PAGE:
Here is a quick, raw video from the eclipse on March 9! And read the blog below for more …
I am in Bangkok now. Spent the last few days in Ao Nang in Krabi – another gorgeous coastline of fantastical rock formations and endless surf.
Ao Nang is a very pretty little village with miles of beach-side resorts, great food and hundreds of Thai longboats just waiting to take you away for the day. I love scooting around the islands in these things! So great!
And this place is HOT. We’re talking sweltering. It’s almost hard to move around mid-day. Replace those electrolytes or beware!
Nightfall from my hotel deck on March 21. An hour later, I had fantastic pad thai on that restaurant patio under the green sign before catching a set of local live music downstairs.
Back home in Toronto March 23!
The Phi Phi Islands! Land of big sky, soft sand and changing tides. And some of the best snorkelling in the world! The Thai long boats-for-hire will take you to any cove, lagoon or secluded beach you care to visit. And there are a lot of them around here. A terrific way to spend a few days after seeing Nature’s grandest spectacle. Just a few snaps:
Lukas and I are in Railay now for a few days. Flying back to Bangkok on the 22nd – then on to Hong Kong … and home.
Travelling in the 3rd world is really amazing and really tough at the same time. I feel like I have been away for months! I am really looking forward to starting work on all the film and video images I have acquired of the eclipse and everything else I’ve seen.
Hot and humid – just the way the equator is supposed to be. 42 degrees in the shade! Here are a few quick snaps from my first few days in the Phi Phi Islands.
Just checked into my hotel in the Phi Phi Islands in Thailand …
… in time to go for a stroll around the island at sunset and low tide …
We are here for 5 nights!
One of my eclipse images makes the front page gallery at Space Weather dot com!
The dark shadow of the Moon is responsible for solar eclipses – watch this monstrous black blotch march its way across the Earth as seen from NASA’s Deep Space Climate Observatory (DSCOVR) on March 9.
Stunning Success on Tidore Island! The shadow of the Moon arrives in Indonesia!!!
Overwhelmed and overjoyed with what we saw in the sky on this tiny volcanic island on March 9 as my 22nd solar eclipse arrived in majestic fashion in a perfect setting under perfect conditions. Now in Thailand, I am still on a cosmic high.
The weather drama continued the night before with downpours until dawn. Our overnight on the beach never happened as we were invited into a local home for dinner and lodging and an impromptu celebration with the community of Soadara. By daybreak, the clouds were disappearing and we set up our equipment in clearing skies. By the time the Moon started to take a bite out of the sun, a crowd of several hundred onlookers had gathered to watch with us. My dream of shooting a total eclipse with palm trees was coming true – but nothing like I had expected.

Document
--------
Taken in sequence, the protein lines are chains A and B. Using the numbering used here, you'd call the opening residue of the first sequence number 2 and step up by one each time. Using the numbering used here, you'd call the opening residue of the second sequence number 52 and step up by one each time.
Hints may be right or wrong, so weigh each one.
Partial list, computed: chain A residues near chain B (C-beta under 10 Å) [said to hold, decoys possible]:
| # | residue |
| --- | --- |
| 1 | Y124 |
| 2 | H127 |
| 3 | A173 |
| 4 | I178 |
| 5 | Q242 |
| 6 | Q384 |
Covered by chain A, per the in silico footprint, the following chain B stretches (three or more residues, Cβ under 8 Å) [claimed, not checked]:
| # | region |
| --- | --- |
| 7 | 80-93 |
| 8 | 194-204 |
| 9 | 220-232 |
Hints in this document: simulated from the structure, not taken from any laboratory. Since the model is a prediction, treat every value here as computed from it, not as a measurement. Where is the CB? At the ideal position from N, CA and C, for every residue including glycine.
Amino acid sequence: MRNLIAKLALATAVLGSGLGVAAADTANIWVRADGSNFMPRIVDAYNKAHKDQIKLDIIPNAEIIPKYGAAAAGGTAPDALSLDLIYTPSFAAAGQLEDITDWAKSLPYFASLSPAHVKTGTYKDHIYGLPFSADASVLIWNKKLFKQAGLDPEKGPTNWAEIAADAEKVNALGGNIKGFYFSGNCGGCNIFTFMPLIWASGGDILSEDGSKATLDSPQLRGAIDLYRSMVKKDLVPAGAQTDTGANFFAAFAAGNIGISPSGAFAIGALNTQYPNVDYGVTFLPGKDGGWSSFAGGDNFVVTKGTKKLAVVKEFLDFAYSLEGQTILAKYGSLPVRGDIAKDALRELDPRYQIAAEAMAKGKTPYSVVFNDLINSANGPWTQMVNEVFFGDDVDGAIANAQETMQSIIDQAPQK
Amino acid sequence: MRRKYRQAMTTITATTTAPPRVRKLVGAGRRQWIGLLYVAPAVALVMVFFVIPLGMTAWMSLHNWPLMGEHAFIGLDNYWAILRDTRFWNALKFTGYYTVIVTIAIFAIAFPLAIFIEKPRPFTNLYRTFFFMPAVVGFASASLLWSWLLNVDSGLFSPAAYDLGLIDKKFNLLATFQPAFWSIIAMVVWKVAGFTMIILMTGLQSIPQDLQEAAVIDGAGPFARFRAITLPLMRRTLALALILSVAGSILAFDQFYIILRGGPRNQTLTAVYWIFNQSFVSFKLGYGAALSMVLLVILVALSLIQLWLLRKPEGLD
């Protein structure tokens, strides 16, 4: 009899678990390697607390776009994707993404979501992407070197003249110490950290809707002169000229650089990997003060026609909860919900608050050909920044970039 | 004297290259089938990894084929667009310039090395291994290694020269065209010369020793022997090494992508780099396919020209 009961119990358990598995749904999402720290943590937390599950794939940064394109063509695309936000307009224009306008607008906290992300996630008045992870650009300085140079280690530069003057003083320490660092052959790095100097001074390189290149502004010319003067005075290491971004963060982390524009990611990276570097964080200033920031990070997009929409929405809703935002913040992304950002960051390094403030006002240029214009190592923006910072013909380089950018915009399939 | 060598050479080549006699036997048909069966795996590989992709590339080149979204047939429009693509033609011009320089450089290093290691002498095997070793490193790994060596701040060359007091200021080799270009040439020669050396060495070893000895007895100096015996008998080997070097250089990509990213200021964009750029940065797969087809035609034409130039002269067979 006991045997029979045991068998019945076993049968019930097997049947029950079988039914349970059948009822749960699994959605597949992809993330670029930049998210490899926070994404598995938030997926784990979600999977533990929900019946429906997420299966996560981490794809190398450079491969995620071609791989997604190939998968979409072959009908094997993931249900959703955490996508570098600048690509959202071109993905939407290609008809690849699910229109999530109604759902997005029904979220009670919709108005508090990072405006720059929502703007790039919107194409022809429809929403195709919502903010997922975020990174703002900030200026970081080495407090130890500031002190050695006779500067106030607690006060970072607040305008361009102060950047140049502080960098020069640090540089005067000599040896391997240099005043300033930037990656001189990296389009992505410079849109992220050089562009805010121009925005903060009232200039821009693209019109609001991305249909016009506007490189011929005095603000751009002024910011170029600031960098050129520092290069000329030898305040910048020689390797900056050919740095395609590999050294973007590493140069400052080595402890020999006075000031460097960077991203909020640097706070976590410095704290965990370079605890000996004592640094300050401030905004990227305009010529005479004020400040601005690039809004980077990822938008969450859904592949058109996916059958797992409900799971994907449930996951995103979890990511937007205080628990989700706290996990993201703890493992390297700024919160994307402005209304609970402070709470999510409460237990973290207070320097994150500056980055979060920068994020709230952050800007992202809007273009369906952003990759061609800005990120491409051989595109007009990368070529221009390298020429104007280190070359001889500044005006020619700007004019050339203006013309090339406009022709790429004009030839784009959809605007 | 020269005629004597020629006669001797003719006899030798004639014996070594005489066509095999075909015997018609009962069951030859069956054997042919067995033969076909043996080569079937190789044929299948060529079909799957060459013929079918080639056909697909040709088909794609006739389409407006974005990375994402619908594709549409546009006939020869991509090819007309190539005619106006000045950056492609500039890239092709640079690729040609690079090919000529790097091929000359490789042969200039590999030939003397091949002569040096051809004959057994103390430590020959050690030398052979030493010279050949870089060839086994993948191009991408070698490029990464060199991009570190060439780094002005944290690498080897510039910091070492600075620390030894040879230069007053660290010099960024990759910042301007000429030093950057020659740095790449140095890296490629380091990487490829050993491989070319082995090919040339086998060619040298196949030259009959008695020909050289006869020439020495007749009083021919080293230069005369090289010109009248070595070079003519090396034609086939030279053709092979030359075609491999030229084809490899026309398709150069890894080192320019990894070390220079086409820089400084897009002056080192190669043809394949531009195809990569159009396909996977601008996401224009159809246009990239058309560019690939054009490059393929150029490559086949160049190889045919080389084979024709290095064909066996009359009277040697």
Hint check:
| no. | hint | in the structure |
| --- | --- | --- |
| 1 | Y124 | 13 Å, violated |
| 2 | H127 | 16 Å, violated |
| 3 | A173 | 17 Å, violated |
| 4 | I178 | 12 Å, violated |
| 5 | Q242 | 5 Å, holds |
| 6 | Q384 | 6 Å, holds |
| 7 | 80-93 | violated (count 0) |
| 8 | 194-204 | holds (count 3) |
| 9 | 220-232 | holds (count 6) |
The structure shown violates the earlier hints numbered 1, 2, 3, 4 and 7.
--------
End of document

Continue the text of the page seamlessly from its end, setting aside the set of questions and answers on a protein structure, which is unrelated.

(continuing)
The corona was exquisite. The colours in the sky were stunning and the appearance of Venus and Mercury was just a bonus! In such a magical moment as this, I let the cameras run by themselves and I basked in the glory of Nature’s most spectacular sight. I really watched this one!
These images are just fast grabs from the video files – unprocessed. The final short film will be unique without question.
There are no words! And I won’t be coming down for a while.
In the first few seconds following totality, the Sun’s new light is scattered by swaying palm leaves that modulate the bright Diamond Ring effect, allowing us to see the eclipse for a few more precious moments. I have never seen this effect before!
I will try to blog periodically from Thailand but won’t be spending much time at this laptop I can assure you!
The universe rocks!
As is usually the case when eclipse chasing, the last 24 to 36 hours brings a good amount of weather drama. And we certainly have that now. We always knew our chances of clear skies for the eclipse was about 60% – but it seems to have dropped a bit! Nothing too ominous, mind you, but enough of a shift in the pattern to be of concern. The big international weather forecasters are predicting some clouds and precipitation around eclipse time – but the locals disagree. Ternate and Tidore are such tiny islands … can’t we slip in between the clouds??? Just this once? Please??
Ternate kicked off it’s big eclipse festivities today with a ceremony in the town square complete with all the traditional pomp and circumstance you would expect. Brilliant! And scorching hot again! In attendance was the king of Tidore Island and his rather large entourage. As foreigners, we continue to demand an almost unsettling amount of attention from the locals – posing for photo ops – getting smiles and stares – and looks of wonder from the children. Military guards cleared a path for us at the ceremony today so we could be front and centre for the show and even provided chairs for us! No one else got this kind of treatment! I felt a bit disrespectful when I had to leave abruptly before the end because the sun was beating down upon my poor white body and I could not take another minute of it. Two assistants with big white umbrellas would have been nice. Only the King of Tidore got that treatment.